protected from accidental injury, a sheet of brass usually being
inserted in the annular space.

410. Electric Bells. A common form of electric bell is shown
diagrammatically in Fig. 186. It consists of the bell or gong G,
the hammer H, the electro-magnet M, the battery C (usually
one or two dry cells), and the push button D. The hammer is a
metal knob on a slender arm pivoted at P and bearing at its
middle the soft iron armature A. A delicate spiral spring S is
attached to the arm and exerts upon it a pull from the magnet.
At the back of the armature there is a slender brass strip which
makes contact at B with an adjustable screw. When the button



D is pressed, closing the circuit, a current flows from C to D,
thence to B, thence to P, thence through the coils of M and back
to C. The cores of M are magnetized by this current, attract the
armature A, causing the hammer to strike the bell, but at the same
time break the circuit at B. The circuit being broken, M is no
longer magnetized, the spring S pulls the armature back to its

Fig. 186.

original position, and the contact at B is restored. This causes the
hammer to strike the bell again and so on, a rapid succession of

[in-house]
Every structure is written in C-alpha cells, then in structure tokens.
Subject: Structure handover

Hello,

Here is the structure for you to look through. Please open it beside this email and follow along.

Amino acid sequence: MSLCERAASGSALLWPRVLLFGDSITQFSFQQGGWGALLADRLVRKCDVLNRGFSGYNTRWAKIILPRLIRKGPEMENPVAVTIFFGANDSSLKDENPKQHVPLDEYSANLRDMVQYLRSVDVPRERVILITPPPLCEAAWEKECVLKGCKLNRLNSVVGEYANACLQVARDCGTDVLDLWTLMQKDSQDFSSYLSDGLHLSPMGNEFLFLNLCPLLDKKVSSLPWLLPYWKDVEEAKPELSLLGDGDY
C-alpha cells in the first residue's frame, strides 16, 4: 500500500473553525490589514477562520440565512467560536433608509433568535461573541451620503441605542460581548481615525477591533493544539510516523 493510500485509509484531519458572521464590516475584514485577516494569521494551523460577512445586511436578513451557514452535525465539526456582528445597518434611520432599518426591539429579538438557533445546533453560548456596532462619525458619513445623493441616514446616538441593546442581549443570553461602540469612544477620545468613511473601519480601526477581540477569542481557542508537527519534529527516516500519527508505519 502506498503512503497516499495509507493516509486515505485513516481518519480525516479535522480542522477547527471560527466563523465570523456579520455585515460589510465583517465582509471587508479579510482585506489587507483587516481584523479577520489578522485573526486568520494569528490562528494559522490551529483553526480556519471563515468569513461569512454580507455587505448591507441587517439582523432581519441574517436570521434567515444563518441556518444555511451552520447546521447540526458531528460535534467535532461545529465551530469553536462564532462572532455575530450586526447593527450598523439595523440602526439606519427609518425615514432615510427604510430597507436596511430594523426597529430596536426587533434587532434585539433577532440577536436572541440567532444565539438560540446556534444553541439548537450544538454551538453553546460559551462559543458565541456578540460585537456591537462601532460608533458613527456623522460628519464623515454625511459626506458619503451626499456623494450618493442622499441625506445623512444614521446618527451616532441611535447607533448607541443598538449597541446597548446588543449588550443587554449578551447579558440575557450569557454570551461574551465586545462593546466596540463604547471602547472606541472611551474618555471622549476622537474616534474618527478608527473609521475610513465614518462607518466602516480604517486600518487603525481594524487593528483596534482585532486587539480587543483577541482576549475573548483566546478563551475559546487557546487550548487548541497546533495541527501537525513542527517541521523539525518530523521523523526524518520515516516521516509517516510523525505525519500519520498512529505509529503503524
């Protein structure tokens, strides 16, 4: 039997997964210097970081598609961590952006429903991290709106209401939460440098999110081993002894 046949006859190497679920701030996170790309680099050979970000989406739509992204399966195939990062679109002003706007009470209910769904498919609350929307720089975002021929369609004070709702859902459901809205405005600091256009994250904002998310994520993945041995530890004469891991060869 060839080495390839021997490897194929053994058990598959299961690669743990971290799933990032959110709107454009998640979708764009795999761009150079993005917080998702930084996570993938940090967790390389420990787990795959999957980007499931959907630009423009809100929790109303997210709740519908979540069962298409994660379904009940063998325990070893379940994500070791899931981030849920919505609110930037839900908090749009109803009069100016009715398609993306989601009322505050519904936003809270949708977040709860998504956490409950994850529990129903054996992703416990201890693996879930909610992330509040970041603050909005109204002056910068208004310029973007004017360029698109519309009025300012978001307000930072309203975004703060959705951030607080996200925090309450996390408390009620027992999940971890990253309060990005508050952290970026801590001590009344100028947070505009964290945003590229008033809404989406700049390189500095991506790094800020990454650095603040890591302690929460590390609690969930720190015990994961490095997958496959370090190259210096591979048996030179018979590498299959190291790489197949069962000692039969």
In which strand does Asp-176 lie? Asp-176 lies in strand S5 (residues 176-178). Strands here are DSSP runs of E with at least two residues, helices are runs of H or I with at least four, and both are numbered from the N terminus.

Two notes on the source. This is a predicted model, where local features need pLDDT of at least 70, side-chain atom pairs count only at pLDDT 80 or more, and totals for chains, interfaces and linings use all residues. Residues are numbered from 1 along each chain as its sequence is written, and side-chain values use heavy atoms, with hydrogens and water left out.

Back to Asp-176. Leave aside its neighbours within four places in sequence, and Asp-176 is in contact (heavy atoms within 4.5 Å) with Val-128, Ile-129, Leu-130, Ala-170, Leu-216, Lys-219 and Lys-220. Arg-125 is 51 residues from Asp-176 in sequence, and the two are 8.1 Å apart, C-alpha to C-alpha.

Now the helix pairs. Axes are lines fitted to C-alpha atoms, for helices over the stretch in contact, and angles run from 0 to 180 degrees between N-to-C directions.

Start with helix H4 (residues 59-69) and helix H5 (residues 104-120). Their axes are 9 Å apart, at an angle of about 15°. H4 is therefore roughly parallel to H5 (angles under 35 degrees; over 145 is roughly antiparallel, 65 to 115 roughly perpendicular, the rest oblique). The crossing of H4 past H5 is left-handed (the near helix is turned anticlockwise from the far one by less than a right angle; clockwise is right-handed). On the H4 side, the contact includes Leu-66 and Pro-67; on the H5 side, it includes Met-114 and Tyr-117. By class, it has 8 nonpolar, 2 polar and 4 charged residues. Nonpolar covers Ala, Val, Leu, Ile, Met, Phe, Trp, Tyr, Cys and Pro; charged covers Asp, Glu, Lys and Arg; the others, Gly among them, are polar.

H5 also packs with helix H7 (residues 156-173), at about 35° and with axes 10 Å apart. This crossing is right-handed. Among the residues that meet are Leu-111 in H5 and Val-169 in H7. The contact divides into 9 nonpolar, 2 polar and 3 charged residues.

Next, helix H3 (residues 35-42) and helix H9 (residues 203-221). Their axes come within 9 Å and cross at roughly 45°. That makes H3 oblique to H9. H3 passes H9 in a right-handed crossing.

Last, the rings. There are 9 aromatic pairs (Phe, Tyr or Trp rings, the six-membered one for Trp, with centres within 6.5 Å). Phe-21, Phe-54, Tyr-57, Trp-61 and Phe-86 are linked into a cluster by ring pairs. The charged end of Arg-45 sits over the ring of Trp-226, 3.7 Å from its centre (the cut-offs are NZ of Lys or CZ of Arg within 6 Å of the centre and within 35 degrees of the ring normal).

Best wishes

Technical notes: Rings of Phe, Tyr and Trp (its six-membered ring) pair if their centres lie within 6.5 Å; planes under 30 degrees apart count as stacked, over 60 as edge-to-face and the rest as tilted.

blows being given so long as the button is pressed. Arrangements
of this kind for rapidly making and breaking a circuit are called

411. The Electric Telegraph. The word "telegraph" meant
originally to convey messages by exchanging signals at a distance.
During the wars of Napoleon there was developed a system of
semaphore signals by which messages could be transmitted
rapidly from point to point. We read in the contemporary
accounts of the campaign in the Spanish peninsula that Napoleon
telegraphed his instructions from Paris to his corps commanders
in the field.

The sending of signals by means of electricity was tried by
many. An insulated wire between two points was given a static
charge which caused a pith ball at the far end of the wire to stand
out. If a charged body be moved near the other end of the wire
corresponding movements could be produced in the pith ball.



Sparks from a Ley den jar were transmitted over a wire in ac-
cordance with a prearranged code. Use was made of the electro-
lytic effect of a current. Twenty-six separate wires, each marked
to correspond to a certain letter of the alphabet, were stretched
between two points and at the receiving station the ends of these
wires dipped into an acidulated solution. A single wire led from
the solution to the ground. At the sending end a voltaic pile was
used, one pole of which was "grounded." When the other pole
was touched to one of the twenty-five wires, the circuit was com-